• For example, Nestlé now has a permanent space within Salesforce’s office in New York, focused on eight of Nestlé’s water brands. A digital command center constantly monitors and manages online and offline data, such as social media activity, email program statistics, media buys, and even a map that shows all U.S. retailers that sell the Nestlé water brands. The ultimate goal is to actively use and effectively respond to customer service questions online and optimize their ongoing marketing programs.
  3. Continually nurture customers.
    • Integrating marketing automation and CRM will enable you to use insights gained during the lead nurturing process to continue to provide value to current customers. By knowing your customer, you can provide content and tools they’re looking for, on the channels they most frequently use. With advanced lead generation, you’re able to ultimately deliver more information than ever before on your prospects and customers’ needs and wants to marketing and other departments as well.
    • For example, ClickDimensions is a marketing automation platform that natively lives within Microsoft Dynamics CRM. It enables organizations to track customer interactions with all owned and earned channels. Once those prospects have become customers, companies can use previous activity the customer has taken to cross-sell or upsell them.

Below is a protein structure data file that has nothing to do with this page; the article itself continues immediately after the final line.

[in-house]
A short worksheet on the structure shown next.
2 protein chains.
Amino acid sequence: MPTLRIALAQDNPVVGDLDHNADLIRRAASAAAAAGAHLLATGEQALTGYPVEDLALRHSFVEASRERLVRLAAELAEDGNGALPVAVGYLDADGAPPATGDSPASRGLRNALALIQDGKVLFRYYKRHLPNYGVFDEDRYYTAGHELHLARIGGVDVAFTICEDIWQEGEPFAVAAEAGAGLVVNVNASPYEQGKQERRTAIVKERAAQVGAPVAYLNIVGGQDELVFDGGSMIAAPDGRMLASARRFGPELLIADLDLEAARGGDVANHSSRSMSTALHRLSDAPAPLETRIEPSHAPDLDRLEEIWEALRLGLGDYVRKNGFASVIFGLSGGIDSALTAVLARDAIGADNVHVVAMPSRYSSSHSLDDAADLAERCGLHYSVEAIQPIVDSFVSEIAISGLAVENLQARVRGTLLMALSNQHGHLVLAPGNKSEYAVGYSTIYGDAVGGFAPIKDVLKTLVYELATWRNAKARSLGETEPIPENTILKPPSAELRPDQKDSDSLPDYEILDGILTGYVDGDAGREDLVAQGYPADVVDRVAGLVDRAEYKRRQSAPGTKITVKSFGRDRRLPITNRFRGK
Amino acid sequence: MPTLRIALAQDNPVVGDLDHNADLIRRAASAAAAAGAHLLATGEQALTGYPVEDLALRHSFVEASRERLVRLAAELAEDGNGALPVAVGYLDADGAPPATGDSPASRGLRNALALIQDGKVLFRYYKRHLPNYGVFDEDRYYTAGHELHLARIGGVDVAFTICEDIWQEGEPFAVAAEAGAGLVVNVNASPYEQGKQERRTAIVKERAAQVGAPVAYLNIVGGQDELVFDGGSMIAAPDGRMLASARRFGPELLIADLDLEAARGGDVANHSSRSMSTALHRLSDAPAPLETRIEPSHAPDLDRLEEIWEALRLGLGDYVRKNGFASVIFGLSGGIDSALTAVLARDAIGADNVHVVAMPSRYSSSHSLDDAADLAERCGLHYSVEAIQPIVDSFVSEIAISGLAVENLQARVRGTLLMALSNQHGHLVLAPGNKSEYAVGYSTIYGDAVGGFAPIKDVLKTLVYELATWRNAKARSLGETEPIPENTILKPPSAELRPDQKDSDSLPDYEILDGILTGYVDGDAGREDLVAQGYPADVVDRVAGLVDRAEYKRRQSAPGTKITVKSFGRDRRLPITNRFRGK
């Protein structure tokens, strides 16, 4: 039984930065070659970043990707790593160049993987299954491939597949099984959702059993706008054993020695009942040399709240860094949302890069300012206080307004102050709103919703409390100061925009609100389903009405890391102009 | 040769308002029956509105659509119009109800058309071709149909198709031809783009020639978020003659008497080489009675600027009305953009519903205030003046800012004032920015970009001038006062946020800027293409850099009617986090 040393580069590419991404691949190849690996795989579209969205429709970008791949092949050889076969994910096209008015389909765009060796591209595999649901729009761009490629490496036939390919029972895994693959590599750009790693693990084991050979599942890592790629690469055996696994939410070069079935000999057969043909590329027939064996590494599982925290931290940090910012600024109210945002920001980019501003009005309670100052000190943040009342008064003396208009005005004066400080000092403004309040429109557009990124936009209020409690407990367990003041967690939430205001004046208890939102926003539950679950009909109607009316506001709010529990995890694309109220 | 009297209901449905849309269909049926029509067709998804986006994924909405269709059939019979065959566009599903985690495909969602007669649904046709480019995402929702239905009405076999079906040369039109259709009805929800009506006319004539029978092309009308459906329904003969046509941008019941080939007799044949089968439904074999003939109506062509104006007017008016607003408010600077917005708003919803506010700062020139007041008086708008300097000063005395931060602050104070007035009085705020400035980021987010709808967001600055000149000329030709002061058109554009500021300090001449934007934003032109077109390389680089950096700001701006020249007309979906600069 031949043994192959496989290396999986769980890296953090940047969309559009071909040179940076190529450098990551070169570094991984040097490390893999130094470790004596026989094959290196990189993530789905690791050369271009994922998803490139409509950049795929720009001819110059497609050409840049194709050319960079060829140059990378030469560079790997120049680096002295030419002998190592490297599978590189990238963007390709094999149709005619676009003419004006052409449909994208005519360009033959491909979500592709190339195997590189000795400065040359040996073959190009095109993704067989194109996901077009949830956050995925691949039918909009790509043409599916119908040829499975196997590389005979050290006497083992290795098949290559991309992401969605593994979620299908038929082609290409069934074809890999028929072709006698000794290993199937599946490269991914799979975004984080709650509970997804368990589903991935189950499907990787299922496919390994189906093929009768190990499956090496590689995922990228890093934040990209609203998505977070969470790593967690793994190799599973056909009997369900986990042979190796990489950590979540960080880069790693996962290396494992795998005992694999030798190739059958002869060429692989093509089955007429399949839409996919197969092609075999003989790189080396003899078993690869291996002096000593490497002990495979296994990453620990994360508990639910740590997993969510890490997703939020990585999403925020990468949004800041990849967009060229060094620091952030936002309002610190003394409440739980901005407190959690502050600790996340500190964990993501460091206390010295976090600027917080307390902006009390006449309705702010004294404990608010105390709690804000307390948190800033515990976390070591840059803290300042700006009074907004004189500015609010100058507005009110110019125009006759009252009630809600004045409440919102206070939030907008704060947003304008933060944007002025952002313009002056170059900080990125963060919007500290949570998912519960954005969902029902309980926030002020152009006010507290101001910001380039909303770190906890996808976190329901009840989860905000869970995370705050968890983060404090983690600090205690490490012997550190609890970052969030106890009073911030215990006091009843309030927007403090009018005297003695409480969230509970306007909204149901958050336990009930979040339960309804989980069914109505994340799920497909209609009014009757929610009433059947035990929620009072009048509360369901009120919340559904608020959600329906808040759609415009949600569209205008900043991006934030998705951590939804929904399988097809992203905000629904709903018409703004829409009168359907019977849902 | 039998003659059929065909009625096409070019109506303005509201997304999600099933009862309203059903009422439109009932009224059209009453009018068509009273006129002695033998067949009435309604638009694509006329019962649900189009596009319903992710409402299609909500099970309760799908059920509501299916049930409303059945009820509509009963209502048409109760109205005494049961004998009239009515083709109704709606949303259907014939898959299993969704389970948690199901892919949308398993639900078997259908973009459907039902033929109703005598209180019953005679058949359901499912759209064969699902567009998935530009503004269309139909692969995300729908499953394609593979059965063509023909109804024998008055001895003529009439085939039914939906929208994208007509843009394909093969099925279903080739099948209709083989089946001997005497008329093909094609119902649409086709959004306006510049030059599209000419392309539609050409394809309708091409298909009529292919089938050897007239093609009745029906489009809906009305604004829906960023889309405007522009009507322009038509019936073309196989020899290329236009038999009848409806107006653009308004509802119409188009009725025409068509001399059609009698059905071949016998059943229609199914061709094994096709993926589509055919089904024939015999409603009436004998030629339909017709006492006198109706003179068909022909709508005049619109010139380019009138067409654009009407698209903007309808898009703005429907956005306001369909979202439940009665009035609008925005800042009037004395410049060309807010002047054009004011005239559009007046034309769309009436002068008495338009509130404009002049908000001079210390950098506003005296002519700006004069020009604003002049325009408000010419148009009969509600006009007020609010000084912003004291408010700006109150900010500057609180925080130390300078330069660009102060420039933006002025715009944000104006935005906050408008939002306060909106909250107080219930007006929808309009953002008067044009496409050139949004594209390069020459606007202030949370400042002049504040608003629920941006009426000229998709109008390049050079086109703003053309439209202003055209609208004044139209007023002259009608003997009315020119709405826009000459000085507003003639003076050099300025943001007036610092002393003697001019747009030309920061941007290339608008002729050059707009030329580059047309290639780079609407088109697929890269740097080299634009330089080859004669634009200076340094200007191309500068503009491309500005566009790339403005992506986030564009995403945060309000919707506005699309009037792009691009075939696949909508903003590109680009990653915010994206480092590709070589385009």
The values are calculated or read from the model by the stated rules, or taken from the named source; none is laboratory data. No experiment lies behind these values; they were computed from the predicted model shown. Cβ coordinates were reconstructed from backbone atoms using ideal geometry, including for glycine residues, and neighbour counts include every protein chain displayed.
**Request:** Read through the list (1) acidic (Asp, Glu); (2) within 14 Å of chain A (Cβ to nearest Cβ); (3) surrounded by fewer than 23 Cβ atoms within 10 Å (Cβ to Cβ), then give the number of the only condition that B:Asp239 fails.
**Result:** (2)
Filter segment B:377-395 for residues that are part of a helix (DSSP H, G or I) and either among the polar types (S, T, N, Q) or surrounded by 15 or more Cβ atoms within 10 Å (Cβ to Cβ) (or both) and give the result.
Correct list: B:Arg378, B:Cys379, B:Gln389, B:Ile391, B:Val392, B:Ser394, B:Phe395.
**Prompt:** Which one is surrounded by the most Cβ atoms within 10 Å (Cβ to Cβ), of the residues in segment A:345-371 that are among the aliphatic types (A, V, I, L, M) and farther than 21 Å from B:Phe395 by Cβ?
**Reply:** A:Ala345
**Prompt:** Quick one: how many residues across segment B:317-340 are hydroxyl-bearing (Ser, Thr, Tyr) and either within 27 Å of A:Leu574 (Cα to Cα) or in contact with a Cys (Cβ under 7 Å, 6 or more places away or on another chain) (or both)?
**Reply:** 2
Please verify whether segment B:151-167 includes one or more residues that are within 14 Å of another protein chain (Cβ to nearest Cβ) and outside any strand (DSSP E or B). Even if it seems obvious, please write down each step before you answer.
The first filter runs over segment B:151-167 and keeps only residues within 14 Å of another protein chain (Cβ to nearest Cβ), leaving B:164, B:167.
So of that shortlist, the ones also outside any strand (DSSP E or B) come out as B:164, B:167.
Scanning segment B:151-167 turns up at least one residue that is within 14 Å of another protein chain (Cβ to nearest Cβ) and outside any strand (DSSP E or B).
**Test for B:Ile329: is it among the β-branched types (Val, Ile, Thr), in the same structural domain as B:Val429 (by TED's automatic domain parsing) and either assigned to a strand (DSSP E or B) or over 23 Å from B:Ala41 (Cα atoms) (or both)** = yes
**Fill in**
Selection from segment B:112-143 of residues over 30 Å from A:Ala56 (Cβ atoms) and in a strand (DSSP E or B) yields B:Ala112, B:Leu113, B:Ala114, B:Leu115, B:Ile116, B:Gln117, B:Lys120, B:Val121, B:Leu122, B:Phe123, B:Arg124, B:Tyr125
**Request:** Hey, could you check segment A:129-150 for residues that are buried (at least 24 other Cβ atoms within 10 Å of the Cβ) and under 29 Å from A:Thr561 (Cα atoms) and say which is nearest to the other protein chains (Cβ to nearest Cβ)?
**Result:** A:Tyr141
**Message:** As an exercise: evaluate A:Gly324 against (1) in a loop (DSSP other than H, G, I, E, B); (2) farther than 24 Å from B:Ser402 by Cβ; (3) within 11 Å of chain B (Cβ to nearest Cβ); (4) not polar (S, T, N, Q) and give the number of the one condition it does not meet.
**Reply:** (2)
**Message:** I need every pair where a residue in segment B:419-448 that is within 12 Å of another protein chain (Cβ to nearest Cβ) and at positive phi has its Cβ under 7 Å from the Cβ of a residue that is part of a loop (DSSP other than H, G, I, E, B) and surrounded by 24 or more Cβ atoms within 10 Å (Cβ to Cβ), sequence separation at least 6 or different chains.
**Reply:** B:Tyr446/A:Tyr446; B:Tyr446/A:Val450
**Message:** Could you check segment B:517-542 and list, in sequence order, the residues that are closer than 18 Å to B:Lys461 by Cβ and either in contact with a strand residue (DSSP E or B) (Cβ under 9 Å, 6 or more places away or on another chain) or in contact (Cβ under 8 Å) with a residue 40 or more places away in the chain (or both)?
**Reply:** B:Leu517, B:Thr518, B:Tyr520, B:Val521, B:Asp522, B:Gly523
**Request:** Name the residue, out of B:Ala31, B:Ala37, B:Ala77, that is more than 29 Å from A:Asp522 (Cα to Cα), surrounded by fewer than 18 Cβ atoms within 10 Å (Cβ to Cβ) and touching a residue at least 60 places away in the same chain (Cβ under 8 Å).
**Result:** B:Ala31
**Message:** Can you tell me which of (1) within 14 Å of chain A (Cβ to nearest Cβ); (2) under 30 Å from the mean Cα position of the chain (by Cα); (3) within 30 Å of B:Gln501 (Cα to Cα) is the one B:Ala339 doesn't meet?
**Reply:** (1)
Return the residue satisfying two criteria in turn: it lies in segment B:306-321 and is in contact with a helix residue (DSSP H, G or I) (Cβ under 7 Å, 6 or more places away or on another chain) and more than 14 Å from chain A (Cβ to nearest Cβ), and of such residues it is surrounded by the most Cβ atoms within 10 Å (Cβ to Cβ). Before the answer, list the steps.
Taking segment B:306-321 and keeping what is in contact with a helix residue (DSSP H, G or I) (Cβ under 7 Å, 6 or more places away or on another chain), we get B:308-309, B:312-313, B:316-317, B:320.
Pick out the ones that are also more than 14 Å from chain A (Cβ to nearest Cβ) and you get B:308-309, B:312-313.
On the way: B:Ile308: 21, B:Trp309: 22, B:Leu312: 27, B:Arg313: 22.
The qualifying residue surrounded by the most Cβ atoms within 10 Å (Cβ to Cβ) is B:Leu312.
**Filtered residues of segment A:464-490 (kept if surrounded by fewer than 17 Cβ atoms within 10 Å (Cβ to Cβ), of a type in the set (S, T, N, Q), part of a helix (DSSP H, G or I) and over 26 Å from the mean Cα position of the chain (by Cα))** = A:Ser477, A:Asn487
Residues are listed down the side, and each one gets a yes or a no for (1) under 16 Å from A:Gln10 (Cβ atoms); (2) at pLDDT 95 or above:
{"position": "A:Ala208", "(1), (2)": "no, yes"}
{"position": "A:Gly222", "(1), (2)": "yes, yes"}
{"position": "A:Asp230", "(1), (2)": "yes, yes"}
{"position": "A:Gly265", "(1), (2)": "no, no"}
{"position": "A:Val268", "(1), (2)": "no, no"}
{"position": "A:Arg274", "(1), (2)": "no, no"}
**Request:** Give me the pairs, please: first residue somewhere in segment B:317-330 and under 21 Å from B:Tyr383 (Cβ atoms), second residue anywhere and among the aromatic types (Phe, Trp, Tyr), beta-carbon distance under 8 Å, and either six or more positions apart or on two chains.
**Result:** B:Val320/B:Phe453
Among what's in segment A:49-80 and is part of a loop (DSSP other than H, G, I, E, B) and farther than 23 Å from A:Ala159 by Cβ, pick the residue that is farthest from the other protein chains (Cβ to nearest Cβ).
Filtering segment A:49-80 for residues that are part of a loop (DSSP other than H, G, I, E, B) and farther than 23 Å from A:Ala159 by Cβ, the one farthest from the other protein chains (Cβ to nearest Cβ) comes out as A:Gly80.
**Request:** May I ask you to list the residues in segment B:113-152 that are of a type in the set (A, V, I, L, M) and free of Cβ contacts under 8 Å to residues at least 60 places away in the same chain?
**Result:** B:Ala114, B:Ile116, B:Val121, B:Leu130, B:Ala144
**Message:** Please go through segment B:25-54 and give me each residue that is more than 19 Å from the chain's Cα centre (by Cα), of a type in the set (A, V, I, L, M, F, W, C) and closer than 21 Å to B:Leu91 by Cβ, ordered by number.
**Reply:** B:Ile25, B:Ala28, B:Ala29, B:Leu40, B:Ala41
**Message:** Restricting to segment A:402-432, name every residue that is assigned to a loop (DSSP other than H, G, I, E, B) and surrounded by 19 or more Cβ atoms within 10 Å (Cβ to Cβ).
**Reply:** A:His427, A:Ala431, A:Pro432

4. Report across the entire customer decision journey.
    • By integrating your new business and current customer databases, your brand will have a much clearer view into each customer’s journey with your brand, including the interactions across channels they took to ultimately reach their purchase decision. Brands can view this data in larger segments and queries, or distill it down to the individual consumer.
    • Data visualization tools, like Microsoft Power BI, allow marketers to develop dashboards with key performance indicators (KPIs) in every stage of the journey, using CRM data and other sources, such as Google Analytics, to garner insights that propel your marketing programs from now to next.

Today, a grand wealth of knowledge is available to meet – and hopefully exceed – customer expectations and make them loyal advocates and champions of your brand. However, a clean and well-managed database is imperative to the success of any technology ecosystem. With processes in place to ensure clean data collection (cleaning lists, rules for data entry and a logically sound CRM database), you can be confident the insights you’re acting upon will increase revenue and customer satisfaction.

A well planned and executed CRM strategy will give you actionable, strategic insights that are invaluable in optimizing your marketing programs and taking your brand to the next level.

For more tips and insights on how to take your marketing from now to next, subscribe to our newsletter or contact Nicole Stone – Senior Vice President, Business Development at or 414.270.7235.